Last Updated on July 11, 2022
Keep scrolling to learn more about naming Bugbears and how to use their unique characteristics when creating the perfect name.
Coming up with a name for your generic human cleric typically isn’t that hard. After all, we’ve probably been around human names our whole lives. The struggle really comes into character creation when we start naming strange monstrous creatures.
Fortunately, we’re here to solve those problems. This generator will provide you with bugbear names for your next exotic 5e character. Of course, we don’t just stop there.
We’ll also be discussing some bugbear naming traditions to help you come up with your own name. And, as a little bonus, we’ve included some little details to make your goblinoid stand out.
Unfortunately, not every race in D&D has a thought-out naming system in place. When it comes to bugbears, we really only have a handful of names to go off of when we’re coming up with our own.
Scanning through several published 5e adventures I was able to find Morga, Klarg, Mosk, and Grol. Of these, the only one with a clear gender was Grol, and that’s only because he was a king.
So what can we see from these names? Well, bugbears follow some of the same conventions that their goblinoid brethren use. Short, harsh, guttural names with not a lot of meaning attached to them.
This makes a lot of sense, right? Bugbears aren’t particularly wise creatures. Strength and lethargy are the two most noteworthy traits found in this race, and neither of those are really associated with impressive etymology.
Of course, if we’re making a bugbear adventurer, we might want them to be a bit more sophisticated than your average furry beast. How we go about showing this is really a matter of preference, but I think honorific titles are a nice subtle way to go about it.
Instead of just naming our bugbear Gronk, we could name them Gronk the Smasher or Gronk the Two-Eyed. Name them for some great act they’ve done or for some noticeable feature they have.
Still, they probably aren’t the brightest bulb in the crayon box, so we can play around with that. This is where Gronk the Two-Eyed comes in. Our bugbear might think it’s a fancy-sounding name, but be unaware of how painfully obvious it is that most humanoids have two eyes. The level of sarcasm we build into their ‘title’ can give the other players some insight into what kind of a character we’re playing.
With all that being said, the best part of naming a bugbear is that it can be as silly as we want it to be. A bugbear named Sewage might’ve heard the word and thought it sounded badass, or Plump might’ve been reminded of a club striking someone’s head when he named himself. Throwing some irony in is always fun if we don’t want to resort to just simple sounds.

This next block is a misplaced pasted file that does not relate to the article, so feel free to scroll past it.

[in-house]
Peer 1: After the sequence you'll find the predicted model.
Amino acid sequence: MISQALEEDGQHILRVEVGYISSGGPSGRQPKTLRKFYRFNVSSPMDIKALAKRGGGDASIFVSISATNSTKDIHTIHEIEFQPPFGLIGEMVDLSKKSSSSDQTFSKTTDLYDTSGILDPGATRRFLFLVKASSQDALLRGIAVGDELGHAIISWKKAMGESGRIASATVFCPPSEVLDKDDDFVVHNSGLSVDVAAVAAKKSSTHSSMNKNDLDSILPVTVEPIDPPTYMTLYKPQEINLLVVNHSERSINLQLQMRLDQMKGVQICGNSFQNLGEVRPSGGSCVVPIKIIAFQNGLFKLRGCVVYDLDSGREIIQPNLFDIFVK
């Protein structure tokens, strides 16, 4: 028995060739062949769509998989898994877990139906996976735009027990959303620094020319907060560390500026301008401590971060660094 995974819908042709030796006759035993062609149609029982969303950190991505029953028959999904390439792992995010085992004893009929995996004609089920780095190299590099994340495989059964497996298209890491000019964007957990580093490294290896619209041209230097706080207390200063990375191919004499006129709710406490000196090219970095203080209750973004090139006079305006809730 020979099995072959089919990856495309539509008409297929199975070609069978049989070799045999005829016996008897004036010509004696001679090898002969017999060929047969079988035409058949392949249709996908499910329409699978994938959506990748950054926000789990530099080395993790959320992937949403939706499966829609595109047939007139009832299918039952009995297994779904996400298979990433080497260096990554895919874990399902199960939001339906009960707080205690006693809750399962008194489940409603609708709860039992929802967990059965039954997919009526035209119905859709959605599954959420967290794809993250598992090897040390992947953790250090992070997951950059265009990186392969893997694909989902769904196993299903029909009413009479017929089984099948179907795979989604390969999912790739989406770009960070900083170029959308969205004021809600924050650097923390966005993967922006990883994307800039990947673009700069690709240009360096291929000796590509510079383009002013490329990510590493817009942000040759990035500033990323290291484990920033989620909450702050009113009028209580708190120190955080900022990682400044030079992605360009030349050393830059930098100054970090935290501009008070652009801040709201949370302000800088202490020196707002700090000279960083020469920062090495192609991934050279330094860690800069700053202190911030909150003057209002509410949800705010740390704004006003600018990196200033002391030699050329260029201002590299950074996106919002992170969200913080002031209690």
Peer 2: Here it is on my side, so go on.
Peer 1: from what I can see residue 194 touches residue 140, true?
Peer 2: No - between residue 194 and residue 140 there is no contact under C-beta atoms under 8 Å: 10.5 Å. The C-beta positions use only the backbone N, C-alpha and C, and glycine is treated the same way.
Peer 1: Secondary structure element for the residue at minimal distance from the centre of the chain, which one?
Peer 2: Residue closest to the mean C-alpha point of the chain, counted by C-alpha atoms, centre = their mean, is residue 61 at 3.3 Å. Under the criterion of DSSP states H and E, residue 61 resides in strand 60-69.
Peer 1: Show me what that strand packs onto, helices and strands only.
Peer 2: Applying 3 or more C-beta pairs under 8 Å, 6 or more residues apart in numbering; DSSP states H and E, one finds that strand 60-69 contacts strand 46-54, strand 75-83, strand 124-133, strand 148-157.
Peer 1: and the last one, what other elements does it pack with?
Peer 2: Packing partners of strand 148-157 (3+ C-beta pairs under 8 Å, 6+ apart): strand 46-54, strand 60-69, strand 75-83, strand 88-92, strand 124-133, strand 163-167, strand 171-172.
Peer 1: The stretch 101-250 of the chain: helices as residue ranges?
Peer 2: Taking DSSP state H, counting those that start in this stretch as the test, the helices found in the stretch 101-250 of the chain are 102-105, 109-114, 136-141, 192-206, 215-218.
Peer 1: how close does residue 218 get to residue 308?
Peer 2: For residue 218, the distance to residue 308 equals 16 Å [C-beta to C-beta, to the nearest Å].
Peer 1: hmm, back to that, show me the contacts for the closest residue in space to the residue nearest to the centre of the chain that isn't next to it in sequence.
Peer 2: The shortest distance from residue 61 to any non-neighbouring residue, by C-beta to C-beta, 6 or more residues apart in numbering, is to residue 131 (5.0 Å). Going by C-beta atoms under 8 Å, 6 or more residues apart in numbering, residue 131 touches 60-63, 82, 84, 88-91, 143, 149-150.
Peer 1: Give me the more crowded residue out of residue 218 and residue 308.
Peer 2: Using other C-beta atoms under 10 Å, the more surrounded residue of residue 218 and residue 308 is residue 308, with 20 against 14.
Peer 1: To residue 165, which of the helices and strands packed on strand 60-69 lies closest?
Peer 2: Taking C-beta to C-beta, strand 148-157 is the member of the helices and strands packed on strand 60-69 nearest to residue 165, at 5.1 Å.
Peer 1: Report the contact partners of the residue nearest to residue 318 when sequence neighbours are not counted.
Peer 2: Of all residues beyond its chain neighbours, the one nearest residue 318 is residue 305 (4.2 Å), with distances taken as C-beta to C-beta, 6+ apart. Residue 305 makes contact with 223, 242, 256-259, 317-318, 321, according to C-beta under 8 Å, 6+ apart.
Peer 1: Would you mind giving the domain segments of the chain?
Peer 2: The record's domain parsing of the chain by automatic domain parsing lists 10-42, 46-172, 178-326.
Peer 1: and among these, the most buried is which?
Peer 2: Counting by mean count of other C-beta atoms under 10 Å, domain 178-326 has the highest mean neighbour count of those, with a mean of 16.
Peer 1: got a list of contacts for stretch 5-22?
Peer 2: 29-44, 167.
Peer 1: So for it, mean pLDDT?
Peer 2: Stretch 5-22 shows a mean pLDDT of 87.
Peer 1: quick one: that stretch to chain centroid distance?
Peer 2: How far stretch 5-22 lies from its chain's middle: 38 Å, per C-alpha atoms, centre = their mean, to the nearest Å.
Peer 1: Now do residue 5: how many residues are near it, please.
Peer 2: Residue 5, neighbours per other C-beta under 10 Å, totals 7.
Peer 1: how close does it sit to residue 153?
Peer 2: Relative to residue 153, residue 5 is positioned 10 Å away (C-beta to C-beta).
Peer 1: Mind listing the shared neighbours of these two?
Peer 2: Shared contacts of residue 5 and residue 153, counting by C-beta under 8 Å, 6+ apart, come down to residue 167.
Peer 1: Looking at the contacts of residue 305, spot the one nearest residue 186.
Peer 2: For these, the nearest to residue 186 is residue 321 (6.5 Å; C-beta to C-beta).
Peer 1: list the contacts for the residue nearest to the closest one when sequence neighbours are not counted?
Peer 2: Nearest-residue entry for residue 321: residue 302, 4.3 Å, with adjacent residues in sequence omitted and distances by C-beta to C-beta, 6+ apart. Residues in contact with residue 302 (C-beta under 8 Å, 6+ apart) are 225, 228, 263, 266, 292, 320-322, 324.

Bugbears are large, hairy goblinoids with far more muscles than brains. With long, goblinoid ears, squashed canine snouts, and rippling muscles, they look much closer to a nightmare than they do to your average bumbling goblin.
When coming up with unique characteristics, we should really highlight the fact that bugbears are violent creatures. Tribes don’t often fall to infighting, but that doesn’t mean a bugbear won’t at very least have a few scars from a hunt or a power dispute.
It’s a shame that bugbears aren’t described in more detail anywhere in the 5e sourcebooks, because these really have the potential to be some of the scariest looking creatures. After all, these goblinoids are named for their association with causing fear (the name Bugbear takes inspiration from the Bogeyman).
Taking what we know already, let’s elaborate a bit on what we should actually be envisioning when we picture bugbears.
We start with a seven-foot-tall hulking beast, a mass of muscles that borders what one could call humanoid. Its face resembles that of a goblin, but only enough for you to know you’ve run into a problem.
The face of a bugbear resembles that of an angry dog whose snout has been flattened with a frying pan. Sharp fangs protrude from a wide, whiskered mouth. Out from the sides of its head stick two large, pointed ears covered in fur.
Their angry eyes are set deep in their skull, almost buried under their heavy brow. Beyond that, these creatures are covered in coarse, thick hair, much like the ursine creatures they take their name from.
A bugbear’s fur ranges from dark browns to pale oranges, accenting the bare faced skin hues of all sorts of shades from green to red to black. The only other places that aren’t covered in fur are the pads on the palms of their hands and feet, the pads from which long nasty claws scratch their way out.
If we want to make our bugbear unique, it’s all about adding in little details that say something about the personality. You might want to add in pointed teeth for a particularly heinous bugbear character, or you might want tattered ears for a bugbear that’s been constantly picked on for being small.
How you make your bugbear stand out is up to you, but here are a few options that you might enjoy
Bugbear Details (D6)
- Tattered Ears
- Sharpened Teeth
- Shaved head
- Tusk caps
- Braided hair
- Tattooed face
Remember, these little characteristics are more than just small physical descriptions. If you want, you can turn the smallest detail into the biggest piece of character backstory. Use these as a way to distinguish your character from other bugbears, or as a way to denote status within bugbear society.
However you decide to design, or name, your bugbear, it’s sure to be a good time.
As always, happy adventuring.
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As a kid, I was often told to get my head out of the clouds and to stop living in a fantasy world. That never really jived with me, so I decided to make a living out of games, stories, and all sorts of fantastical works. Now, as an adult, I aspire to remind people that sometimes a little bit of fantasy is all you need when life gets to be too much.